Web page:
I usually have to force myself to read poetry, especially sonnets about romance that seem contrived or sentimentalized. Also, I am not very good at understanding and explaining the various metaphors, hidden meanings and so on. Sonnet 18 is so famous that it has long since turned into a cliche ("Shall I compare thee to a summer's day?") and would simply not go over very well is a more cynical, less romantic age. I know that I have never met anyone who made me feel like they were a summer day, not in this world. Reading and rereading all of them, however, I began to wonder if Shakespeare was even writing these about a woman. Some of them I had never read before, such as Sonnet 20 which is far riskier since the writer states openly that he loves a young man who is a beautiful as a woman. I had never read this one and it still comes across as something quite startling for the 17th Century, including the regret that "for a woman thou wert first created" and that nature "pricked thee out for women's please." For whatever reason, I do not think that I had ever realized this before, but Shakespeare expresses this quite openly in ways that would not have been allowed in more 'modern' literature, at least not until fairly recent times.
It makes me wonder how the readers of 400 years ago would have reacted to this, and if they found the idea unsettling, including the use of a term like 'pricked', which had the same double meaning then as now. Even though our society is not particularly enlightened in these matters, I have always thought that Shakespeare's world would have been far more conservative and religious on the subject of openly-expressed homosexual desires -- not that the term even existed them. Number 29 also has the same theme, of the poet's love for a young man of higher birth and status and it promises that "so long as men can breathe or eyes can see, so long lives this, and this gives life to thee." He describes himself as a "slave" to his master in Sonnet 57 and again in 141, like a vassal or a serf to his lover, although 130, 135 and 138 are clearly written about a woman and in the last one he says that "therefore I lie with her and she with me, and in our faults by lies we flattered be." I also wonder who he refers to in Sonnet 116 when he talks about the "marriage of true minds," since I suspect that this person might not be his wife. In modern terms, does this mean that Shakespeare was bisexual? He must have been, although I can't say that I ever gave the idea much thought before. Of course, he may not even be writing about himself at all in any of these, but it certainly sounds like he was. Much to my surprise, I found them more interesting than I at first imagined.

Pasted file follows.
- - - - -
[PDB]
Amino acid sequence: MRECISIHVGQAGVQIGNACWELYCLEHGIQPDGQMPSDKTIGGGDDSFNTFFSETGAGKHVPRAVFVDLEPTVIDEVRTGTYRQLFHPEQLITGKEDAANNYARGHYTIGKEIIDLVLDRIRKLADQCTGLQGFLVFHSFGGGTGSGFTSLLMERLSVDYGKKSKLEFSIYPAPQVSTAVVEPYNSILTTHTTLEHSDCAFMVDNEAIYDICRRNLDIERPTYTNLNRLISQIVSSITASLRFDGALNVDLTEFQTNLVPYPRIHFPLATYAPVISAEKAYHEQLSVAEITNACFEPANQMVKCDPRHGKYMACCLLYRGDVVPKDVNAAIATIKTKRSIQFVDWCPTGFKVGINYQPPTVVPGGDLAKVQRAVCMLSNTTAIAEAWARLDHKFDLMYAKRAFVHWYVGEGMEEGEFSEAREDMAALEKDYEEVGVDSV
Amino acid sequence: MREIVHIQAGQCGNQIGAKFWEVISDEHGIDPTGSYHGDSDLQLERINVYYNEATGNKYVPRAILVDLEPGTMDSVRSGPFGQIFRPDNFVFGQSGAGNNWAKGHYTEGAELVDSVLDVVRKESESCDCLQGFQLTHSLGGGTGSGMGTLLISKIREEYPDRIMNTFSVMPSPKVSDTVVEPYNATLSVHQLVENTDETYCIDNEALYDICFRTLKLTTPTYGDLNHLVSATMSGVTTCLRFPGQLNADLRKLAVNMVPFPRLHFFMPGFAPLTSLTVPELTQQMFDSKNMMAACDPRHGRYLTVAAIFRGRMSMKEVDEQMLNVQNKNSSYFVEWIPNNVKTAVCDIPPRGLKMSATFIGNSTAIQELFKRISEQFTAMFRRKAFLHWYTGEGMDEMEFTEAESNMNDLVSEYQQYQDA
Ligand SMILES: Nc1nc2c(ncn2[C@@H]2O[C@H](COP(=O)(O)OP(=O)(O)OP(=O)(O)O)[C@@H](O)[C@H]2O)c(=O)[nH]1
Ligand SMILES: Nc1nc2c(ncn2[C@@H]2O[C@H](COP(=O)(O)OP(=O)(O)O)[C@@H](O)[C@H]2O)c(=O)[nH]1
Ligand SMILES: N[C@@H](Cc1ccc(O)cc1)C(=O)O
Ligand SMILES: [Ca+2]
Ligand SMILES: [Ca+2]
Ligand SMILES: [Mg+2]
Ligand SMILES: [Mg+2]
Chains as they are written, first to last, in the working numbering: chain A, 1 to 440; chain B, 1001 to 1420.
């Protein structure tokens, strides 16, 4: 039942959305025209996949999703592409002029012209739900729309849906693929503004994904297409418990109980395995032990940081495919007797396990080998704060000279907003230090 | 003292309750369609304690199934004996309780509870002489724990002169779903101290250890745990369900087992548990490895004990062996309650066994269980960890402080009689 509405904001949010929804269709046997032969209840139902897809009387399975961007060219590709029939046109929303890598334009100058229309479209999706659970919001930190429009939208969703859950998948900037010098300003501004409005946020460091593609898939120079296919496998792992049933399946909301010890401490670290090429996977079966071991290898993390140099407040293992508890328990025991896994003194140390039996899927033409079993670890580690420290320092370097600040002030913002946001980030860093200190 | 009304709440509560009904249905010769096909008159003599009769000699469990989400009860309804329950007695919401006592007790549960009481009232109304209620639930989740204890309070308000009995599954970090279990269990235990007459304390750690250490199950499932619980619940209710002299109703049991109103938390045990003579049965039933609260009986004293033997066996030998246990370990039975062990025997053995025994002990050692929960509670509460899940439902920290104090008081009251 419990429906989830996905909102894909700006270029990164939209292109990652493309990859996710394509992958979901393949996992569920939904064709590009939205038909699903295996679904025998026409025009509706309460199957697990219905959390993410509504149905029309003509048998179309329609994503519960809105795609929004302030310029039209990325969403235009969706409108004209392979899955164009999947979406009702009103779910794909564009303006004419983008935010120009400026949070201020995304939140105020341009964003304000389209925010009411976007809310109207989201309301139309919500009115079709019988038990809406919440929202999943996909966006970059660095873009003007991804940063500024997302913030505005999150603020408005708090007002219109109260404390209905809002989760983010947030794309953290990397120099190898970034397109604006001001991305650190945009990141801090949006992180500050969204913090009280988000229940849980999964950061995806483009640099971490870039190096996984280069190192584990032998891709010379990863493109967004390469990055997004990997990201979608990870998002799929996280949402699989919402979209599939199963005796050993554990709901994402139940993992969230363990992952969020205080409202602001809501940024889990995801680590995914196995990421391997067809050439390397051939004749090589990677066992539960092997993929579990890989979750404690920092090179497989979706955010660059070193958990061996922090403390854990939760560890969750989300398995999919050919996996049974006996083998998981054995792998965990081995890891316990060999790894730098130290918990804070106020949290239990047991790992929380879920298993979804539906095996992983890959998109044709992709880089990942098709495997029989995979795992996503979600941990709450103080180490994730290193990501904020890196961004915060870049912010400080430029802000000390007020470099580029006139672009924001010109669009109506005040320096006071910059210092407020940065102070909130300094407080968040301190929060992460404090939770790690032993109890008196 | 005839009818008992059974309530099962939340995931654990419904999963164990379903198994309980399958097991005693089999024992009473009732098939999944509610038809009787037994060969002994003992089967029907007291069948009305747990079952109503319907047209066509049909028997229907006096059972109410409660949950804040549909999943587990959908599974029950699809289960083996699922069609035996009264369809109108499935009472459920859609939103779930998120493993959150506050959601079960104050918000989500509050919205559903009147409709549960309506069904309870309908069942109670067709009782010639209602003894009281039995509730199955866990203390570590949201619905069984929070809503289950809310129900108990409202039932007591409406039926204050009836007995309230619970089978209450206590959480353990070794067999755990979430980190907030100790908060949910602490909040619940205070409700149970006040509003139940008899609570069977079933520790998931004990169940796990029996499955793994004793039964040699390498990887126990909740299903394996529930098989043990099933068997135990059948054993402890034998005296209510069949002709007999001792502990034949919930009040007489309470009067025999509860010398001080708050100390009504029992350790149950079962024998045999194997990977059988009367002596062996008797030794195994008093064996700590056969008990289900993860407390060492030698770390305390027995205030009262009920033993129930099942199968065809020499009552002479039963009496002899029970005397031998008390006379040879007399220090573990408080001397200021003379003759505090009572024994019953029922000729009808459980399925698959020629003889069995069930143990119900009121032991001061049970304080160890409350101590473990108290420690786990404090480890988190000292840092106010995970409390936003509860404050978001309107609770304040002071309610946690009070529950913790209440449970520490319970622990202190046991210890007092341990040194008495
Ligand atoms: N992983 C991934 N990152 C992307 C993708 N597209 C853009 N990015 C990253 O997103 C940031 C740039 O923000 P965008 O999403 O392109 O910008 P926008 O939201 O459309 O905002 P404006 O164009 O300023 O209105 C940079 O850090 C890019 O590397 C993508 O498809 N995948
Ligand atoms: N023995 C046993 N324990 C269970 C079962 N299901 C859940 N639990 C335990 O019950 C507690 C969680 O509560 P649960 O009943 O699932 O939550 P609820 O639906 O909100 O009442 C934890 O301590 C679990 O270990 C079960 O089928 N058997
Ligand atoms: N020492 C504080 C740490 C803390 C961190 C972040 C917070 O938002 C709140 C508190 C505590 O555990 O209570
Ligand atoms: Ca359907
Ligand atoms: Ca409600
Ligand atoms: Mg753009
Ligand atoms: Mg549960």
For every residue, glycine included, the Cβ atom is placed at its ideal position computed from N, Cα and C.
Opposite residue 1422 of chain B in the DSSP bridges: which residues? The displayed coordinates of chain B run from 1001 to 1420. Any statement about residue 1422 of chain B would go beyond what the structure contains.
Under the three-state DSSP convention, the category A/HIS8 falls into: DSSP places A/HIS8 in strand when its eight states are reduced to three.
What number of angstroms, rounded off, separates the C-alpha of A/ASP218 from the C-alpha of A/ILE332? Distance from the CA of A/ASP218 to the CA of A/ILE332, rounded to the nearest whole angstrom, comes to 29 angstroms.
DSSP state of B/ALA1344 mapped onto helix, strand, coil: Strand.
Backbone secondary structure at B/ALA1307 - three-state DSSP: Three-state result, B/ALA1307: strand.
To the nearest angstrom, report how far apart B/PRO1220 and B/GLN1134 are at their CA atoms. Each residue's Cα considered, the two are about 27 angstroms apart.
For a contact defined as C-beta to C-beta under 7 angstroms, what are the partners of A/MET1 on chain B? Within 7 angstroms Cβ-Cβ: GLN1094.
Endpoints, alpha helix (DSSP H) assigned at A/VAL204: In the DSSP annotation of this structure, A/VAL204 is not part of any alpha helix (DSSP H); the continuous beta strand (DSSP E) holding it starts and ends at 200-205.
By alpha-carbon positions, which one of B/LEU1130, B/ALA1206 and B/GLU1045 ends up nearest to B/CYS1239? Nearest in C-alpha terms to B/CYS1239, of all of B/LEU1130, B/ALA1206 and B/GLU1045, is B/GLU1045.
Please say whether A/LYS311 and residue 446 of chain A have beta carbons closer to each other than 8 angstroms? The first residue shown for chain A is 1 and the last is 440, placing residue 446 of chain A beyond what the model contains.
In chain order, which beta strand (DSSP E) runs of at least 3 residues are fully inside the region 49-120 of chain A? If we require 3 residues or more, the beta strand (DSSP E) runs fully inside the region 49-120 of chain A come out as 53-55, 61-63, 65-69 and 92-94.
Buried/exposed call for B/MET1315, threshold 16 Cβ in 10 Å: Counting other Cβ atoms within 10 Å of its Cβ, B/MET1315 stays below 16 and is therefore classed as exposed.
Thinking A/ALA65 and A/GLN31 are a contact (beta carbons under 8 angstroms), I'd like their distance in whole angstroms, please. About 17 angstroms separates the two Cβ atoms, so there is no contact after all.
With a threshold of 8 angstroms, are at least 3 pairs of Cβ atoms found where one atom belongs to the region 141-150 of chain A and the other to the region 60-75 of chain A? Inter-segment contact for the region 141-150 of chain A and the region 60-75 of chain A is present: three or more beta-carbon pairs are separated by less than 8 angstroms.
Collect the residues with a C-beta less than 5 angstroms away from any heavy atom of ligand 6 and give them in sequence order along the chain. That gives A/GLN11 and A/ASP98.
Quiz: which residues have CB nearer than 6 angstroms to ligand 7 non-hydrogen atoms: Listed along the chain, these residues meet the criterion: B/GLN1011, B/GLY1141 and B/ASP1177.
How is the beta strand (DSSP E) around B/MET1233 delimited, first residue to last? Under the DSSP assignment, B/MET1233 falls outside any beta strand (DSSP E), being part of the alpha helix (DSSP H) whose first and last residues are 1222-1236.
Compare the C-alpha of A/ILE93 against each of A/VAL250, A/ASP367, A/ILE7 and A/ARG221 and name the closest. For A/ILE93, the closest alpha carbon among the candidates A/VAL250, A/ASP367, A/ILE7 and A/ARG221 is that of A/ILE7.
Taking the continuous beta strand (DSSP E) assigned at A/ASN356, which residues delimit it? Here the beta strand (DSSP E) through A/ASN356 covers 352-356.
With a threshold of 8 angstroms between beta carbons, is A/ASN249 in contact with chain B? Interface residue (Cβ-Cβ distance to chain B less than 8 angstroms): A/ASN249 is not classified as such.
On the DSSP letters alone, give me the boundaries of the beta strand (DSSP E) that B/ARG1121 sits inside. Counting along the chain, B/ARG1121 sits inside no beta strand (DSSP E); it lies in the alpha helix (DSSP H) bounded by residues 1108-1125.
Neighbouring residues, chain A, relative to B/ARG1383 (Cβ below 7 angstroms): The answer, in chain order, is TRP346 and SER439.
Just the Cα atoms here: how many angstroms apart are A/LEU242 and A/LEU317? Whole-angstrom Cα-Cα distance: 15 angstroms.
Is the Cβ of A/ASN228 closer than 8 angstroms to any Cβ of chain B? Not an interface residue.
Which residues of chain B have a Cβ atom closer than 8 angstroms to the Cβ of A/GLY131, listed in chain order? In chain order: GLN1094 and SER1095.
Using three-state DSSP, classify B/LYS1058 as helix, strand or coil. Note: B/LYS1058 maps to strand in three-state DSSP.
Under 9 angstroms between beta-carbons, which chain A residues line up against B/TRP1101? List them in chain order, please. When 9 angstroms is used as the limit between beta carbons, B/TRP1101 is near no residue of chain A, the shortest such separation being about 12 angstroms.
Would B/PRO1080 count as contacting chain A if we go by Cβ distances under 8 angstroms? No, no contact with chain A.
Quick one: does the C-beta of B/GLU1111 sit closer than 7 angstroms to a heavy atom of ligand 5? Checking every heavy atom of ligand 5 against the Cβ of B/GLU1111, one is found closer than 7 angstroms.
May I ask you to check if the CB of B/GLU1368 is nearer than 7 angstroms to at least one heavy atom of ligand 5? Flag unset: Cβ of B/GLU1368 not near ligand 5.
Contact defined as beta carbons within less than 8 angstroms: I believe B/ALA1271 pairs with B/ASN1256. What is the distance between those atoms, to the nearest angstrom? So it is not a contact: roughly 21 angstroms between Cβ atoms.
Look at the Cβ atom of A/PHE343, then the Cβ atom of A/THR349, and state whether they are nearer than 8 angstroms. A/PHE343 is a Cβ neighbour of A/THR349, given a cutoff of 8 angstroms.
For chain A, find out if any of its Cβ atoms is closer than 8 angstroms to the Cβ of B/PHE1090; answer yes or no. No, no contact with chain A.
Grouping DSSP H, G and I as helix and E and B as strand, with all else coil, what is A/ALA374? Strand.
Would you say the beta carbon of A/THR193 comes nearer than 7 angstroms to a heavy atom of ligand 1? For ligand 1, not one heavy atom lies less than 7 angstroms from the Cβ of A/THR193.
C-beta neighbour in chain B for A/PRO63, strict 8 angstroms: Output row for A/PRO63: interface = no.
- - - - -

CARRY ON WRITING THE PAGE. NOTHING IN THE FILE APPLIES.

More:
9/21 & 9/28 Othello (1 page)
I've read the play Othello before and have seen film versions of it, so I was generally familiar with the plot and the main characters, especially Iago, one of my favorite amoral and sociopathic villains. I like the part at the end when he finally drops the mask and reveals his true (evil and twisted) character, shocking everyone when he tries to draw his sword to kill a woman. This was just not the action of a chivalrous gentleman but a true monster. Iago hates Othello and wants to destroy him, but plays the part of a trusted friend and confidante. He is cunning and manipulative, and makes the entire play worth watching, for none of these tragic events would have transpired if not for this malevolent influence. I wonder if he hates Othello only because he was passed up for promotion, or because he was black and a Muslim. Surely racism in some form existed in Shakespeare's time since this was the period when European empires were involved in the African slave trade and exterminating the Natives in the Americas.